The Fur Trade
Updated: 2/26/2021
The Fur Trade

Storyboard Text

  • The Early Fur Trade
  • Expansion Inland
  • Rival Networks
  • The cod fishery began the early fur trade, the Mi'kmaq would trade with Europeans coming for Cod. The British would set up stations to dry fish on land but did not settle permanently. The French also did not settle but came for the fresh water. Overall the First Nations viewed it as a way to build trade, peace, friendship etc.
  • The Drive West
  • During the "Expansion Inland" the French dominated the Fur Trade, as well as New France being established, In between this there was also a war called the "French Haudenosaunee War ( Beaver War)" over beaver furs. The people would also travel on tributaries to transport the trading goods, and the Ouendat were Middlemen between the French and other French Nations. During this time there were also "Coureurs de bois" aka the runners of the woods.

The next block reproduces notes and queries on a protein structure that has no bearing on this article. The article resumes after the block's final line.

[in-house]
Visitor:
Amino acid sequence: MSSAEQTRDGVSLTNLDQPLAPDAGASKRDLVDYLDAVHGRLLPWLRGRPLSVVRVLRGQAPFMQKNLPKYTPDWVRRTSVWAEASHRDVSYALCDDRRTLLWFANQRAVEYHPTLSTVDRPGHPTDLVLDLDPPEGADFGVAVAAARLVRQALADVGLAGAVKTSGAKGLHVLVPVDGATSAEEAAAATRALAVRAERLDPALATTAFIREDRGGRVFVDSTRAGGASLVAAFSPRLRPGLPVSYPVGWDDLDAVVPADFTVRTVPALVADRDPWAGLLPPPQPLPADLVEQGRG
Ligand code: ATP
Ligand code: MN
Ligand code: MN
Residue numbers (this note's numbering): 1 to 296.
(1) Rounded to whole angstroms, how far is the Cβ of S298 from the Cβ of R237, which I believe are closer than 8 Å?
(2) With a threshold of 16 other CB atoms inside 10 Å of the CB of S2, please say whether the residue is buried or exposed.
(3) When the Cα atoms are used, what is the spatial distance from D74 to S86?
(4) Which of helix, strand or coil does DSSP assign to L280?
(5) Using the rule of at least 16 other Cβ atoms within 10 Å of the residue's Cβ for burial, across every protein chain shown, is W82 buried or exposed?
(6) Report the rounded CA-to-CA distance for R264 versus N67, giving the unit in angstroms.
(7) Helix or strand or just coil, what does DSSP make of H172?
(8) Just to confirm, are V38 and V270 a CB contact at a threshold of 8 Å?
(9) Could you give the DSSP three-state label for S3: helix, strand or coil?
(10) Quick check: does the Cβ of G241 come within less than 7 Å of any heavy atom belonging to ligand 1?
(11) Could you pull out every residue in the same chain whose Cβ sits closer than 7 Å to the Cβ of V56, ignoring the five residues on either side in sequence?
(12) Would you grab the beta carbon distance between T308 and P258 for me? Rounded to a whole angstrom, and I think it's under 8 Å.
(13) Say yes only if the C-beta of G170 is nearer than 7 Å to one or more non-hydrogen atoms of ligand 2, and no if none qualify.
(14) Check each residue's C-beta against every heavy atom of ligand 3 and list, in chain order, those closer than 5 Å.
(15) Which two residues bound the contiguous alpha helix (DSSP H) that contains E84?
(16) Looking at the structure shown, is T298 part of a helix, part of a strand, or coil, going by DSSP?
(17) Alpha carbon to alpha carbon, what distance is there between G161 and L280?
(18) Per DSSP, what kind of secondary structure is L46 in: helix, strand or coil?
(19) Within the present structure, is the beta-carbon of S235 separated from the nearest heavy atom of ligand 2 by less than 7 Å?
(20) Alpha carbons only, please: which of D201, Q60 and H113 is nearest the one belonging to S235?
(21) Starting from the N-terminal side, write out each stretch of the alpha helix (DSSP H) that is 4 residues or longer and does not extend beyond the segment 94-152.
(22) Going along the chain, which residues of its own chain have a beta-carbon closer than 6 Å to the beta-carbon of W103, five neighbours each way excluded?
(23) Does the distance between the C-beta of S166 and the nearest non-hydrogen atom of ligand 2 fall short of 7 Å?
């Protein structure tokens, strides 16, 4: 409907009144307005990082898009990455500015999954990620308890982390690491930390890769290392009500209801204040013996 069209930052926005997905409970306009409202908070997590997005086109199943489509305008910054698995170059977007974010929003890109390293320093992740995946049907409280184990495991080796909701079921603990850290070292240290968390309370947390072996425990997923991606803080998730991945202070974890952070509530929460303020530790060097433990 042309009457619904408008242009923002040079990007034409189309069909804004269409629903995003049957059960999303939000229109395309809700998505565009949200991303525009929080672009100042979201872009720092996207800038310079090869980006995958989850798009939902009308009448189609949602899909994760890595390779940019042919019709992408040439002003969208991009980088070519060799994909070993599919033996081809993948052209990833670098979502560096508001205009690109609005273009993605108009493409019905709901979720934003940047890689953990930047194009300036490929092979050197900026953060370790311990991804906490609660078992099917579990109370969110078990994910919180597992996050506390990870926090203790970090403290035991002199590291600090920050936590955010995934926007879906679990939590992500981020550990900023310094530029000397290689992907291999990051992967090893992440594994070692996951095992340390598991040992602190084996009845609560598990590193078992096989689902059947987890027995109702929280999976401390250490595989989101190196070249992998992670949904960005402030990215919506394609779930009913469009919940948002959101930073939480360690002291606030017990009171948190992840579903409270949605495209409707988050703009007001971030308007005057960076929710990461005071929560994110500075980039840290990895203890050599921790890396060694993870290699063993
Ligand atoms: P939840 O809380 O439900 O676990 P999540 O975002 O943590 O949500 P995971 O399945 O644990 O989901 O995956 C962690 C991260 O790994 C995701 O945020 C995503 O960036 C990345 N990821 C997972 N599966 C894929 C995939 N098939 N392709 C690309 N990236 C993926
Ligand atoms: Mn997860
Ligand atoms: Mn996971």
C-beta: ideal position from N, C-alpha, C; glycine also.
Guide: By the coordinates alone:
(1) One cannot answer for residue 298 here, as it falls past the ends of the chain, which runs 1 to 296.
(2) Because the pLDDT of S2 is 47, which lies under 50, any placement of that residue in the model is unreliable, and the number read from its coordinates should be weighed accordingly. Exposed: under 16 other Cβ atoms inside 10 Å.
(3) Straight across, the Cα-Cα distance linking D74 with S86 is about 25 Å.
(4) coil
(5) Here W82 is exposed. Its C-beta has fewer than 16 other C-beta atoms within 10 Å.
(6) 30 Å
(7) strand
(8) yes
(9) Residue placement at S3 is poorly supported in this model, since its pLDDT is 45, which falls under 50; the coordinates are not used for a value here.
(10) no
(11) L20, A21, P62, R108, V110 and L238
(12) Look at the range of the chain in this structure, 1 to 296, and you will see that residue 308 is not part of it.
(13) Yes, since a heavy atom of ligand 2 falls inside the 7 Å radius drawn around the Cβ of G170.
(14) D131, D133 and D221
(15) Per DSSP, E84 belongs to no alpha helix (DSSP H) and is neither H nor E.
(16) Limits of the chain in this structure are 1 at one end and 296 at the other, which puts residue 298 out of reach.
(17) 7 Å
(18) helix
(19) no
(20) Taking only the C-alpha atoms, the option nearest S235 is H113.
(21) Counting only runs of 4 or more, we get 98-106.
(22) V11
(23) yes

• Monopoly of the West
  • In 1670 during the "Rival Networks" Britain established the HBC. The HBC competed directly with the French. During this time the Hudson's Bay Company needed voyageurs and middlemen - between forts along the Hudson Bay. So the First Nations worked this role for both the French and the HBC.
  • Conclusion
  • During "The Drive West" the French were defeated by Britain in the "Battle of The Plains of Abraham". The British took over New France and the Fur trade operated under the British system of mercantilism. Then in 1779 independents merged together to form the North West Company. The competition between the HBC and NWC then drove the fur trade west.
  • In 1869 during the "Monopoly of the West" the British helped the HBC sell Rupert's Land to Canada, and the HBC also lost a court case against independent Meti Traders.